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Scots, in common with other languages, has many words for supernatural beings. The Dictionaries of the Scots Language (DSL) gives the following definition of Whippitie-Stourie:


“a kind of fairy or brownie, roughly the equivalent of Rumpelstiltskin; hence a light-footed nimble person”.



Sir Walter Scott, in a letter to a friend in 1823, tells us that this being is female:


“She is quite the fairy of our Nursery-tale the Whippity Stourie, if you remember such a sprite who came flying in through the window to work all sorts of marvels”.



Into the twentieth century, Anna Buchan, writing as O Douglas in her Farewell to Priorsford (published in 1950), even mentions her dwelling place:


“I’ve never seen a fairy, though I’ve one of my own at home. Her name's Whuppetie Stourie, and she lives in the nursery chimney”.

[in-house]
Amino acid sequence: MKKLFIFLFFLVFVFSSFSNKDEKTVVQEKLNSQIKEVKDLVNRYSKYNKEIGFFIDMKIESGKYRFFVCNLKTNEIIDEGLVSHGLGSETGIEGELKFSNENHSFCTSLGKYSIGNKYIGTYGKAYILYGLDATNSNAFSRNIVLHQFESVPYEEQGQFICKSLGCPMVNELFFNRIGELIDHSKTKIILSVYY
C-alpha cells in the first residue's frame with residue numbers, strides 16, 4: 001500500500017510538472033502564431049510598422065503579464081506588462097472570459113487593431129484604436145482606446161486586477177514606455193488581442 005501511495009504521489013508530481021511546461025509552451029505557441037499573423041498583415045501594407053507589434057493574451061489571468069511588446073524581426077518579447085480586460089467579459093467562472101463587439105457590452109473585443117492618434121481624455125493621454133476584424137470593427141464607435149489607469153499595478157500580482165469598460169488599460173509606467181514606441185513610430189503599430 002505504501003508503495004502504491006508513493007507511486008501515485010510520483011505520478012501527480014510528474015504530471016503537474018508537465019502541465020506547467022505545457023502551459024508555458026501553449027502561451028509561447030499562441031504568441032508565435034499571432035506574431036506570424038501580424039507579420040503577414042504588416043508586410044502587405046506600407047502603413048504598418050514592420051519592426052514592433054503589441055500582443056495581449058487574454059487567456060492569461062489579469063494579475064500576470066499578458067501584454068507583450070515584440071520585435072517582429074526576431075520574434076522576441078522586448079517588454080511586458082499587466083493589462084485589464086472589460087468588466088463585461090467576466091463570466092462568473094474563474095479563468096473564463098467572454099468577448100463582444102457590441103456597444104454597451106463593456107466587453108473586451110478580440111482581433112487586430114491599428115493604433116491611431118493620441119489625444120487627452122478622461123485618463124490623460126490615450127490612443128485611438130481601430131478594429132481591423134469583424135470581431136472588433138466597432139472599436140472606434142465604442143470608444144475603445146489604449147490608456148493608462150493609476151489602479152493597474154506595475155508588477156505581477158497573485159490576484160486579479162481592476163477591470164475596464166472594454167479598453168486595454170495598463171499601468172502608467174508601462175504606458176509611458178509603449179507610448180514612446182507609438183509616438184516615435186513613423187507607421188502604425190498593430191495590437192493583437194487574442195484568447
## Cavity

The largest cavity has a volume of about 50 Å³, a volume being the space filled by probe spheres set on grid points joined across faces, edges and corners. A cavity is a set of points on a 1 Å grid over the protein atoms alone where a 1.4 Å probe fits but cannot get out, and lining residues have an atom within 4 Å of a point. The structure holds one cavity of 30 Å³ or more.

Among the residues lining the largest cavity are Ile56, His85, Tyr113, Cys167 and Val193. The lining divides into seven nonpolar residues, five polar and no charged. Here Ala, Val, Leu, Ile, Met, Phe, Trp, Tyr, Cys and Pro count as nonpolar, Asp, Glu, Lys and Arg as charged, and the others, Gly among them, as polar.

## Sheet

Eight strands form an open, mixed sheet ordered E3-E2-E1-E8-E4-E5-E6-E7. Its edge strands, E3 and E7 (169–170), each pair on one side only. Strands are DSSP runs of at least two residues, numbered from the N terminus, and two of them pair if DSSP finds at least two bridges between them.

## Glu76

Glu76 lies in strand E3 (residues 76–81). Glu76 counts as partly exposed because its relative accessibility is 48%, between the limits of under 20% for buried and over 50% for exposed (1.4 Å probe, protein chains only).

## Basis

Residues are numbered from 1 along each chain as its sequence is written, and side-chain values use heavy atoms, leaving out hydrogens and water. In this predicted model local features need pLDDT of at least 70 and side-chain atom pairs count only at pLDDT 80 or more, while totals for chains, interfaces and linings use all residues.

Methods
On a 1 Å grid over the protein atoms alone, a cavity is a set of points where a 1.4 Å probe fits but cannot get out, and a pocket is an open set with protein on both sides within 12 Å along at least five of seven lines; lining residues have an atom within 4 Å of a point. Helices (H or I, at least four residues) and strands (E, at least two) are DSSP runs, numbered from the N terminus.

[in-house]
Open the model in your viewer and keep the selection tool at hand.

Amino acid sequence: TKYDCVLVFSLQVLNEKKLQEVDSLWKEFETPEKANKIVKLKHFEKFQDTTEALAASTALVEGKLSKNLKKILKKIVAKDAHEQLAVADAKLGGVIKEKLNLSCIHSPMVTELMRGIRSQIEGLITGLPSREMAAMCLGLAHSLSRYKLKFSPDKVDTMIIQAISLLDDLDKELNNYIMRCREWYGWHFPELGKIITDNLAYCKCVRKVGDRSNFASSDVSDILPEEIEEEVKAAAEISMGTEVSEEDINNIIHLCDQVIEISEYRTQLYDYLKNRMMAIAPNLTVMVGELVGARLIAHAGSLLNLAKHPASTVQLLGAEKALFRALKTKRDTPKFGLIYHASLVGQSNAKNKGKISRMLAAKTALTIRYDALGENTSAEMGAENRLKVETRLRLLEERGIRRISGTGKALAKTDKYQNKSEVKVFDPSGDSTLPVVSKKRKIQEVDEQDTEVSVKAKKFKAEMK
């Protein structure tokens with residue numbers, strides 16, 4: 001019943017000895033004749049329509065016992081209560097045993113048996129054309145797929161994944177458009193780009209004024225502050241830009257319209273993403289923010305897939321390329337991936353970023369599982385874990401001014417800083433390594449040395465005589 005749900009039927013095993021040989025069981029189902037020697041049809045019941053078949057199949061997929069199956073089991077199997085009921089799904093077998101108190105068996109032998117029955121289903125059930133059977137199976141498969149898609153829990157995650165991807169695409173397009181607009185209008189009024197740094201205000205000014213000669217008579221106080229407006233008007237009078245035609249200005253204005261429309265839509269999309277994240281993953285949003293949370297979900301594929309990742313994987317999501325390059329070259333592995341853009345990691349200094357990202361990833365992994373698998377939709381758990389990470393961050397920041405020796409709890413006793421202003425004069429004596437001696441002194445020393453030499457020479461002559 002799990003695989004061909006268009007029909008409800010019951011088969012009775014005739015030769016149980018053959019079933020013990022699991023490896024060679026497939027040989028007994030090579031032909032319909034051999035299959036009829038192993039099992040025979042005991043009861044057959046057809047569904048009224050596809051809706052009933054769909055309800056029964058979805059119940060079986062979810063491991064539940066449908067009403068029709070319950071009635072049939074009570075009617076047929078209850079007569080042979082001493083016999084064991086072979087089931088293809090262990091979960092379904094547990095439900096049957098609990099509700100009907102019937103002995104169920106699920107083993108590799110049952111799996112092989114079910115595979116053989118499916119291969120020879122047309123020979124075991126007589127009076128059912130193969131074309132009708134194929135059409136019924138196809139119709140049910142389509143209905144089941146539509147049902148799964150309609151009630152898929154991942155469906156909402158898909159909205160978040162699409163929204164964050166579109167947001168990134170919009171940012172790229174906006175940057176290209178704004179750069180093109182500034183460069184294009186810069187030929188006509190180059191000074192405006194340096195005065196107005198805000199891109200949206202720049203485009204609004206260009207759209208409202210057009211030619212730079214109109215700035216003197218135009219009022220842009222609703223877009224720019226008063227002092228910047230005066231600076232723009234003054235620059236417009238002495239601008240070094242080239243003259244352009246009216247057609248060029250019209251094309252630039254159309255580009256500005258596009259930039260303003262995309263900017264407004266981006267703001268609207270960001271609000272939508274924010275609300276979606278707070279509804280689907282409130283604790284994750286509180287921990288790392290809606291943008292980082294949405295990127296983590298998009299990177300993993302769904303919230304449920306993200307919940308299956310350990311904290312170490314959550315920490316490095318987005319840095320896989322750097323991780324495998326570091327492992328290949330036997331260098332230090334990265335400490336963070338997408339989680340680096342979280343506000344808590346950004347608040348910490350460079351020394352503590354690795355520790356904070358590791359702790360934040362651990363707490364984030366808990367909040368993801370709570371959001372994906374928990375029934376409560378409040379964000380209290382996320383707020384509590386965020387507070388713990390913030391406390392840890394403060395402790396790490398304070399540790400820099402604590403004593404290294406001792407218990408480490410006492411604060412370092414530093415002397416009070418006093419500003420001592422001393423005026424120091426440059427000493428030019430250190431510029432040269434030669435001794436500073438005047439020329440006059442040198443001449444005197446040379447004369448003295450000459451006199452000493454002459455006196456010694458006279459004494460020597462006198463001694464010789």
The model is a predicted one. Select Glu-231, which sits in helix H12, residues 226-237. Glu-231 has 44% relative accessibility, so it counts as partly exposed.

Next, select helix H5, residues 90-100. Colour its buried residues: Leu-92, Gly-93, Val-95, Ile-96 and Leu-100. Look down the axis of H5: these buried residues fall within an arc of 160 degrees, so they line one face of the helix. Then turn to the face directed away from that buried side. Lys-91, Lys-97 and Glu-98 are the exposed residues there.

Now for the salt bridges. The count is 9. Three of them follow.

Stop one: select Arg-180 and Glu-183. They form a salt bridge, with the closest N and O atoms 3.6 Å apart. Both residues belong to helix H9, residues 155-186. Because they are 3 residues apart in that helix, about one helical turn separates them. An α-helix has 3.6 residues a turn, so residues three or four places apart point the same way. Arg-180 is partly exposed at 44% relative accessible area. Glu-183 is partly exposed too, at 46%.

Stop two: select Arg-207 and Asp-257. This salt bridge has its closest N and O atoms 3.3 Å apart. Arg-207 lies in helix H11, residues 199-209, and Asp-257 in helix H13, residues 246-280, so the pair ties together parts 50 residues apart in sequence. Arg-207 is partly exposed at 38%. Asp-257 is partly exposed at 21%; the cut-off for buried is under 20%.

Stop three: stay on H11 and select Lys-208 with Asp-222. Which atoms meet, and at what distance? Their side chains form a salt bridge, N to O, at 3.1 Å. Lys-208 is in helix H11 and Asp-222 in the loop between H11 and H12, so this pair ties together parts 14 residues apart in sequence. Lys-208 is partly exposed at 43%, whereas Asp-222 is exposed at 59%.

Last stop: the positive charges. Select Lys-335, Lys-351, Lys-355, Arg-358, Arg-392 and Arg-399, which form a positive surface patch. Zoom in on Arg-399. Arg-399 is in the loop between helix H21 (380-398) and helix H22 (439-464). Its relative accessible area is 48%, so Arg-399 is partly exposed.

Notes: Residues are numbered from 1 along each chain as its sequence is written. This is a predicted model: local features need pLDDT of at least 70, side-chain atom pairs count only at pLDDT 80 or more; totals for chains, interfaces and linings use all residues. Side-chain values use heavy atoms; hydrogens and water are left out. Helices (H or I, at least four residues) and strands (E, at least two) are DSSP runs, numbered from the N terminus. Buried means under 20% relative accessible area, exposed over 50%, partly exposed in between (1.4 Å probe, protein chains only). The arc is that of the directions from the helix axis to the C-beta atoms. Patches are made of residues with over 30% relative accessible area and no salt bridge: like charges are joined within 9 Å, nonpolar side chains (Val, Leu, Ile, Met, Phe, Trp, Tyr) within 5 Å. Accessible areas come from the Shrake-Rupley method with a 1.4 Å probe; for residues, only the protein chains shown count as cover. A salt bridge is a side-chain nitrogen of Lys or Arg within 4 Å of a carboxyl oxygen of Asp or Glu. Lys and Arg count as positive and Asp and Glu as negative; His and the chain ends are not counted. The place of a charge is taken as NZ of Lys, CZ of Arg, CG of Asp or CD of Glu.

Did Whippitie-Stourie make it into the twenty-first century? Well, the Southern Reporter of May 2016 gives it in a list which includes other supernatural beings resident in the Borders:


“Some of the characters - such as Tam Linn and Thomas the Rhymer - have appeared in many a Borders ballad, while others such as Whuppity Stoorie (definitely a Rumplestiltskin-esque tale) and the Ootlandish Knight are perhaps less well documented”.



Another review, published in the Herald of July 2018, implies that the term may still be known:


“For older readers, or perhaps sharing with all the family, is Wee Folk Tales in Scots by Donald Smith (Luath), a collection of classic stories about the wee folk selkies, the cailleach and Whuppity Storrie”.



In my memory of childhood tales Rumpelstiltskin was always male.


This Scots Word of the Week was written by Pauline Cairns Speitel, Dictionaries of the Scots Language